No time to panic for Tar Heels

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Asked what he would have thought had someone told him before the season that Carolina would be 5-4 halfway through the ACC schedule, Roy Williams didn’t mince words. 

“I would’ve been discouraged,” the veteran Tar Heels head coach offered.

“I just want us to play better,” Williams explained after Saturday’s overtime loss to NC State. “Even when we’ve won … I came in here to press conferences and wasn’t real pleased in the way were playing at that time.” Nevertheless, Williams emphasized that he’s not panicking: “I’m not ready to abandon ship or anything like that.”

“We should be better than 5-4 in the ACC,” forward Cameron Johnson admitted. “Stuff happens, and it’s the ACC. Teams are good, teams come to play.” 

But Johnson was even more adamant than his coach about the team remaining confident, flatly stating: “There will be no panic in our locker room.”


The loss wasted tremendous performances from senior forward Theo Pinson, who set new career highs in both scoring with 22 points and rebounding with 15 boards on his way to his third career double-double, and Luke Maye, who had 31 points on 11-for-22 shooting and 12 rebounds. 

Williams and players alike emphasized Pinson’s increased aggressiveness as the key to his career day. 

“I just needed to be more active,” Pinson explained. “Last game [at Virginia Tech] I wasn’t aggressive at all and was looking to pass all the time and not being a threat on the court. I wanted to be a threat and take what the defense gave me and try to play hard.”

“Aggression, rebounding,” Kenny Williams agreed. “That’s what he’s been trying to work on lately. He’s just been himself.”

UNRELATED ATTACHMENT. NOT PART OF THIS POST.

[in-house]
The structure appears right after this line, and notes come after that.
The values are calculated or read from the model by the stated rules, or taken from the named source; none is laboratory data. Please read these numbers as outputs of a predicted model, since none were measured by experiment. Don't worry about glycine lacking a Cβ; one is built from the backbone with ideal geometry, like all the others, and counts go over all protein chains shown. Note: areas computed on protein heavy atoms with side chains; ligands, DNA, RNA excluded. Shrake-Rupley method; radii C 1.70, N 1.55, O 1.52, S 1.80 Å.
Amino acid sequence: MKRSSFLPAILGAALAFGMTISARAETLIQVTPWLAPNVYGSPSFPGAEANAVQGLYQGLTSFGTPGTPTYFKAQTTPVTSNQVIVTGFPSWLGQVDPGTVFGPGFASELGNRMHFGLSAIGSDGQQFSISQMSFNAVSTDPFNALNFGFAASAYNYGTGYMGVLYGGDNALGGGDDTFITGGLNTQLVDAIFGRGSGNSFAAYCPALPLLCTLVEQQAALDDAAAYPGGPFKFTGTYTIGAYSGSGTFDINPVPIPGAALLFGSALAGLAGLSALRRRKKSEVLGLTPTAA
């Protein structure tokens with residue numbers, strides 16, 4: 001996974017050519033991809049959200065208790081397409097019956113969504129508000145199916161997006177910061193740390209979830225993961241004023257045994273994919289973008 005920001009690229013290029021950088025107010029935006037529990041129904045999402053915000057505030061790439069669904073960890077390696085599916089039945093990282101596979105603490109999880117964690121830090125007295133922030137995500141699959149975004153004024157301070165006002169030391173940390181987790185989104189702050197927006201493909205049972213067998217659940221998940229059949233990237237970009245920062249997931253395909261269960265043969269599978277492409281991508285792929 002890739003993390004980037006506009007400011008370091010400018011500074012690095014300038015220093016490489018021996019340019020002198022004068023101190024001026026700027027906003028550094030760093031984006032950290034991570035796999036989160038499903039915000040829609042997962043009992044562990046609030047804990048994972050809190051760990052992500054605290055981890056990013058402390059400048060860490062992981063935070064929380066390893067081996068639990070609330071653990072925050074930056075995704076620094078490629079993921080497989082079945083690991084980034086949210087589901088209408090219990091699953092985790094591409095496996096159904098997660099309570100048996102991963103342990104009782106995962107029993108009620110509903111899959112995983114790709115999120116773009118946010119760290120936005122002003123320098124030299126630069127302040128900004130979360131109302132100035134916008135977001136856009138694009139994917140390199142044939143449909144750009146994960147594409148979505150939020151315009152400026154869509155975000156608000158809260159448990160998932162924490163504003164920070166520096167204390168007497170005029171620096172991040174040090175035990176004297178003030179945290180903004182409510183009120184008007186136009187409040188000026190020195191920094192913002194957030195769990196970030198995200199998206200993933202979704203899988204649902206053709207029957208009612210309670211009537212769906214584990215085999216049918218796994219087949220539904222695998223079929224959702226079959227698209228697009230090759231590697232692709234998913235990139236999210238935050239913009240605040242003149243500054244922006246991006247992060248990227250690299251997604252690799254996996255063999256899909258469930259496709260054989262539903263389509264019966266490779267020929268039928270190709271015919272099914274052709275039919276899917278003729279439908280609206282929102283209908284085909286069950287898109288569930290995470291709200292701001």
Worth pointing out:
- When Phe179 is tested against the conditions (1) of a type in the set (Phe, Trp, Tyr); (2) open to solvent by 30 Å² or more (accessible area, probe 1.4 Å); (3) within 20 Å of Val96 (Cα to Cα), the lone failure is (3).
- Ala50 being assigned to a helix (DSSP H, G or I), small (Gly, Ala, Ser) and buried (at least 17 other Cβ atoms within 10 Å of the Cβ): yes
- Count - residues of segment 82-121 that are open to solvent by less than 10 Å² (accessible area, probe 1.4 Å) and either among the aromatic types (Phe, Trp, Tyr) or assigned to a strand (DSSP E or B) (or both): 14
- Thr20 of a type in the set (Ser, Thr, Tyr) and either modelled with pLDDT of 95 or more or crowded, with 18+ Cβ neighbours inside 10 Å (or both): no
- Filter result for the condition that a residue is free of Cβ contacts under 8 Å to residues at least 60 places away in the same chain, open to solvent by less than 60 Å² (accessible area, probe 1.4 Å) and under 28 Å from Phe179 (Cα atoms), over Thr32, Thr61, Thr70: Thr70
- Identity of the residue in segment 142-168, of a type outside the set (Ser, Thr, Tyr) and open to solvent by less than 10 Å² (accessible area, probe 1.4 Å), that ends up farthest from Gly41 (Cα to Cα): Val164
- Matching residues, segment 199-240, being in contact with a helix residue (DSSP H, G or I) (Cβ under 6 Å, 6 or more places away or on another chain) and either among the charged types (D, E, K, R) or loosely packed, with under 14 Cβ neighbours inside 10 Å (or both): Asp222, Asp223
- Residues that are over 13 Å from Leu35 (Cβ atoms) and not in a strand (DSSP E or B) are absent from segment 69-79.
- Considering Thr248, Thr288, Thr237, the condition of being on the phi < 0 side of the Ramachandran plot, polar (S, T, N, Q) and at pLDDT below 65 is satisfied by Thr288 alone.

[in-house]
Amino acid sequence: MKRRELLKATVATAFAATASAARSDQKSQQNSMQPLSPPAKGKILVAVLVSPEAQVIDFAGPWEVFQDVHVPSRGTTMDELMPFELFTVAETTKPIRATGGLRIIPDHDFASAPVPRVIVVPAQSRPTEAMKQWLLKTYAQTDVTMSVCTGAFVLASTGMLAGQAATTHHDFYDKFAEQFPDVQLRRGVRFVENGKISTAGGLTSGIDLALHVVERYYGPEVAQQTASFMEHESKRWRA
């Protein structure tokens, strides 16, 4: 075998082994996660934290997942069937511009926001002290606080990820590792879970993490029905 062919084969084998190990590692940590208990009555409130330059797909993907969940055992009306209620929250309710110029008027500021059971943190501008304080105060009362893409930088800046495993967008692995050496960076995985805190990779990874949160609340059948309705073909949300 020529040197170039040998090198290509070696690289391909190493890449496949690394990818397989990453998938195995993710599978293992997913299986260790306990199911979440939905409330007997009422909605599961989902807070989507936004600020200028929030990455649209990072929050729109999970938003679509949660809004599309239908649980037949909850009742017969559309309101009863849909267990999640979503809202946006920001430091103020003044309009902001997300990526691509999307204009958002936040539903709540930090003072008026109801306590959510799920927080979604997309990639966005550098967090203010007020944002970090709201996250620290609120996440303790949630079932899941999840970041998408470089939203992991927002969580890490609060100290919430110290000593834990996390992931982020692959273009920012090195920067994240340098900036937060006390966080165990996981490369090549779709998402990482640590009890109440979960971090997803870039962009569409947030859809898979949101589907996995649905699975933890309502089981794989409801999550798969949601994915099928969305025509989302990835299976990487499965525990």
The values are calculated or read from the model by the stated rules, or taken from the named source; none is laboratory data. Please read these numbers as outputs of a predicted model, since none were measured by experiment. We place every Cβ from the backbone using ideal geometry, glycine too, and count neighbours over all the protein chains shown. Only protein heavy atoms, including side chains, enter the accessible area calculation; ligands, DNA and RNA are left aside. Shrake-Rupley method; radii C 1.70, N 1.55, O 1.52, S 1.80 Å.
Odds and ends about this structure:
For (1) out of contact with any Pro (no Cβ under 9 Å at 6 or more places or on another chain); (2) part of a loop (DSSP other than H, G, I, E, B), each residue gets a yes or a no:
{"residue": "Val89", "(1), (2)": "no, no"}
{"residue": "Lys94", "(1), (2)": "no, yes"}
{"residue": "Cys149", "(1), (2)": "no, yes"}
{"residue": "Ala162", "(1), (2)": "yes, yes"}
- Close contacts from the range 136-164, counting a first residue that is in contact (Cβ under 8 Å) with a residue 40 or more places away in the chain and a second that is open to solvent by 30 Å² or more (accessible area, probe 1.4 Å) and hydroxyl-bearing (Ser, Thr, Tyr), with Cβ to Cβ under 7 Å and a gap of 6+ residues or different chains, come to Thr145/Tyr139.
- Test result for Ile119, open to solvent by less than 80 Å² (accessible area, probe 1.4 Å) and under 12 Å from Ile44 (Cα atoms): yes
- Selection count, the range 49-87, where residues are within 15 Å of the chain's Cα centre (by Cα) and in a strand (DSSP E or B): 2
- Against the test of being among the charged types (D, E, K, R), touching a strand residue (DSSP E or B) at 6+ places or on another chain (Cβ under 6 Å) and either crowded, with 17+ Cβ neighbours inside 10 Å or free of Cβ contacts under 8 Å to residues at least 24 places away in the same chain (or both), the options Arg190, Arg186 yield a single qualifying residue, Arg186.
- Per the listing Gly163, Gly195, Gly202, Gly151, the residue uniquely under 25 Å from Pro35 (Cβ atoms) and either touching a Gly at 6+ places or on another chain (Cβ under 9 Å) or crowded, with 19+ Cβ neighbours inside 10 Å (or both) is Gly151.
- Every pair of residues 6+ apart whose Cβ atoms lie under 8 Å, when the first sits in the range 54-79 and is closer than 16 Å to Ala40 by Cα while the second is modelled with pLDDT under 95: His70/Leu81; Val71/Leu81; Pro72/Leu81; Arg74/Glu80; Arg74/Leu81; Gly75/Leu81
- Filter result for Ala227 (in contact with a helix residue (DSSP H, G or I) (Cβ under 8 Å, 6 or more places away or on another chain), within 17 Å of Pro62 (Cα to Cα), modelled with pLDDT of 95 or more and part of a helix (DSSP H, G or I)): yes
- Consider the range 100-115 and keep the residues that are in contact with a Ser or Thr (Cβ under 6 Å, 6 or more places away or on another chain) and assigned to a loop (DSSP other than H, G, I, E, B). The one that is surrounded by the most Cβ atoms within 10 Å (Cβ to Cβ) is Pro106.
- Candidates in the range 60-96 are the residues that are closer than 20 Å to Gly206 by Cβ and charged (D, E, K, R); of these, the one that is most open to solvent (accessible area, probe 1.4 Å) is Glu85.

“We need Theo to play like that every day,” Maye added. “I’ve always known he can play like that.”


NC State shot a torrid 15 for 30 from 3-point range, led by Allerik Freeman’s 7-for-7 performance, marking the 15th time UNC has allowed double-digit makes from long range this season, already the most in the Roy Williams era. Last season previously held the high mark with 11.

Simply put, UNC has to defend the perimeter better, and it’s not just about closing out on shooters. 

“I think a lot of it came from penetration,” Johnson explained. “They got into the lane a lot and got a lot of kick out, and they made shots.” 

“We’re still working out some of the kinks with guarding the ball screen, especially with our small lineup sometimes,” Maye added. “Whether to switch it, whether to go under or whether to hedge.”

Williams noted that late in the game, Carolina began switching against the ball screens to prevent penetration, but NC State point guard Braxton Beverly promptly stepped back and knocked down yet another 3-pointer for the Wolfpack, “so it wasn’t very good on that possession.” 

Difficulties defending the ball were also the primary reason Jalek Felton only played four minutes, despite having some success on the offensive side. After two straight possessions on which he got lost as an on-ball defender (once against a screen and once in a one-on-one situation), leading to two easy NCSU baskets, Williams immediately put senior Joel Berry back on the floor.

Another significant factor in Carolina’s 3-point defense is the Heels’ lack of rim protection, particularly when employing a small-ball lineup with Maye at center. Less of a shot-blocking presence in the paint leads to a greater need for help against dribble penetration, meaning more open perimeter shooters.

That aspect of the problem again emphasizes the importance of continued growth of the freshman big men, who Carolina will need to provide an important defensive presence at least in spurts down the stretch.